A Connecticut resident is one of 43 “incredible Americans” selected as new Presidential Innovation Fellows (PIFs), to serve 6- to 12-month intensive “tours of duty” in the US Government, where they will work hand-in-hand with top government innovators to develop solutions that can save lives, save taxpayer money, and help fuel private-sector job creation.
Nayan Jain is a Presidential Innovation Fellow working on the MyData Initiatives (Blue Button) at the Department of Health and Human Services. Jain is an engineer and healthcare hacker with a passion for developing software that is able to simplify complexities by reducing noise and finding patterns in data. His career in health IT began as an undergraduate with a design for an administrative database for the Department of Neurosurgery at Emory Hospital.
The Presidential Innovation Fellows (PIF) program was created in 2012 to tackle five inaugural projects—each focused on making a part of the Federal Government work better for the American people. Each team of innovators is supported by a broader community of interested citizens throughout the country. Presidential Innovation Fellows put aside their jobs and day-to-day home lives to offer their skills and expertise in collaboration with Federal agency teammates to create huge value for the American public.
The 1st round of five projects was launched in August 2012 with 18 inaugural Fellows. The first round selections included Nick Bramble, Director of the Law & Media Program, Information Society Project at Yale Law School in New Haven. Bramble is a lawyer with a strong interest in improving how governments release data and promote engagement by citizens and startups.
The 2nd round of the Presidential Innovation Fellows program will include ten projects,– four that are the second phases of Round 1 projects and six new projects. Presidential Innovation Fellows have a unique opportunity to serve our Nation and make an impact on a truly massive scale. The MyData Initiatives seek to spread the ability for people to securely access to their own data while spurring the growth of private-sector applications and services that a person can use to crunch his or her own data for a growing array of useful purposes.
After graduating and a stint writing applications for back-office propane systems, Nayan Jain joined the DC-based startup, Audax Health. While serving as Director of Mobile Technology at Audax, he helped build the core Zensey mobile and web platforms that aim to drive behavior change through consumer engagement and social game mechanics. He collaborated to build MedTuner, an artificial intelligence that alerts its followers of important health events using techniques in machine learning and natural language processing, which was awarded first place at the 2012 Health 2.0 Developers’ World Cup in San Francisco, CA.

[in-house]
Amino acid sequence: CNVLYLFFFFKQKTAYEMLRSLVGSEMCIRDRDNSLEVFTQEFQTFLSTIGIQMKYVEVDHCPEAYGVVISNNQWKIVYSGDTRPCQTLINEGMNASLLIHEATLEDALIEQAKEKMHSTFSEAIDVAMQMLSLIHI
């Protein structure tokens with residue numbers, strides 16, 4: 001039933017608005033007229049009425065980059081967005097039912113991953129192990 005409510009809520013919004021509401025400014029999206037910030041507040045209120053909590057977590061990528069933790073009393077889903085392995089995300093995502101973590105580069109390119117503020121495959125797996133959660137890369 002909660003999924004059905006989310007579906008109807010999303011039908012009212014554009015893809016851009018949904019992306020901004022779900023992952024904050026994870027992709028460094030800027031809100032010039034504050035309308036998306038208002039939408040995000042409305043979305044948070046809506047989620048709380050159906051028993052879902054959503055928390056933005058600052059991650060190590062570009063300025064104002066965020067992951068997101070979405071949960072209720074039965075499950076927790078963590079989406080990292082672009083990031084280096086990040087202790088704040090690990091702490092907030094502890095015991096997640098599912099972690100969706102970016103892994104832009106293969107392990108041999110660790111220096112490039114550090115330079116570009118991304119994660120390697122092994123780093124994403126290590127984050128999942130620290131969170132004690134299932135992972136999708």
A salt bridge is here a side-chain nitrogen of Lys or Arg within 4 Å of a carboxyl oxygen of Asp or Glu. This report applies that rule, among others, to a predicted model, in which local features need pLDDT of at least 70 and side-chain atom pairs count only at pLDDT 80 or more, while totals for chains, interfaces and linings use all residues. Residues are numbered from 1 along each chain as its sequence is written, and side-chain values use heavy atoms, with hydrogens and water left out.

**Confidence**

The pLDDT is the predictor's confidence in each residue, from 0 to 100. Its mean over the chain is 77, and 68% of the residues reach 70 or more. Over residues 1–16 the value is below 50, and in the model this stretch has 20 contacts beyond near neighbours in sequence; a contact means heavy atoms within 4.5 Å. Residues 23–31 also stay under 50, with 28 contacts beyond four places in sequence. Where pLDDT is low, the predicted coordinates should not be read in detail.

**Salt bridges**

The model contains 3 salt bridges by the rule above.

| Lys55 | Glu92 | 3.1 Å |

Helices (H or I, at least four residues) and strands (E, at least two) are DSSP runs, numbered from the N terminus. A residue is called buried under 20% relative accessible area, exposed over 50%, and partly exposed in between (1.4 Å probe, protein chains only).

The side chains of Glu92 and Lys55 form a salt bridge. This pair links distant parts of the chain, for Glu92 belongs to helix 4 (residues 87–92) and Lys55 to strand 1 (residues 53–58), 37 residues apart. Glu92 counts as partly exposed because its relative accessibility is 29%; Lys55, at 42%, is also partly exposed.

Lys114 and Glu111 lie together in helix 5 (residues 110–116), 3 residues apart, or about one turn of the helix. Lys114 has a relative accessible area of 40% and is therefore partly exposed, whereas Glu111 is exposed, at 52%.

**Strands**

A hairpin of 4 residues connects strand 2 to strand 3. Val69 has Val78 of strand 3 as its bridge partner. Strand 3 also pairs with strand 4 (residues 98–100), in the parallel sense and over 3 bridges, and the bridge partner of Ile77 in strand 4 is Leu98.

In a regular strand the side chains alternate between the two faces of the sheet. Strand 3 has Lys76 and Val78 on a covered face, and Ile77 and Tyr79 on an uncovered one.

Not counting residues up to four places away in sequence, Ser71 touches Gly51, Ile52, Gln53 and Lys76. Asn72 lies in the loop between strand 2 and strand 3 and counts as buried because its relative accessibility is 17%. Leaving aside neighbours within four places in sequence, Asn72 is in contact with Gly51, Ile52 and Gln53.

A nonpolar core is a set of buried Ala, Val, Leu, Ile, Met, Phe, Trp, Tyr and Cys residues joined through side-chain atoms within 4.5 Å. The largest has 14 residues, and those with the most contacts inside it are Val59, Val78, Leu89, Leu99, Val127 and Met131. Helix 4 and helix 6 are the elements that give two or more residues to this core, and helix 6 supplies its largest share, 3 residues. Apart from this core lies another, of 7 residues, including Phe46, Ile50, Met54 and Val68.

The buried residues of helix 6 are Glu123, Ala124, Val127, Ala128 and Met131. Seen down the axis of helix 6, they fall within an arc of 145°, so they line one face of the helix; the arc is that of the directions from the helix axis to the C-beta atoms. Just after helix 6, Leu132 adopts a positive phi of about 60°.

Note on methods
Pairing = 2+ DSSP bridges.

Most recently, he selected by Google to be a Glass Explorer and is looking forward to building wearable experiences that will help improve lives and patient outcomes. He graduated with a BS in Computational Media, primarily focused on Human Computer Interaction and Computer Science from the Georgia Institute of Technology. He currently lives in Connecticut, but spends his spare time in New York, according to the PIF announcement.
Jennifer Pahlka, Deputy U.S. Chief Technology Officer for Government Innovation reports that some of the tech innovators and change-agents who comprise the new class of Fellows will work on second phases of Round 1 PIF projects such as Blue Button (which is helping veterans and others across the country gain secure electronic access to their own personal health records); Open Data (which is making more and more government information like car safety ratings and hospital pricing available for use by the American people, including entrepreneurs and software developers who are turning those data into useful products and services); MyUSA (which is greatly simplifying the Web interface that citizens can use to find what they need from the Federal Government); and RFP-EZ.
For Round 2 of the PIF program, the White House Office of Science and Technology Policy (OSTP) and Office of Management and Budget (OMB) have partnered with the US General Services Administration (GSA). Through this new partnership with GSA, which already works with every agency in the Federal Government, the prototype solutions that PIFs build will spread more efficiently throughout Government, enabling the program’s positive outcomes to reach more people more quickly.
For example, through Blue Button – a growing initiative across the public and private sectors – patients can download their own health information from a growing array of organizations (the Department of Veterans Affairs’ health system, private-sector health care providers, etc.) and securely share their medical histories with caregivers, import their prescription histories into mobile reminder apps, and more.
Others will work on new projects, such as developing tech tools to support disaster relief and recovery efforts; working with private-sector innovators to create consensus tech standards for the “Internet of Things,” which will connect a wide range of devices with embedded sensors and control systems, with big potential efficiencies and cost-savings; and helping Federal agencies save money through better, more cost-effective financial accounting systems.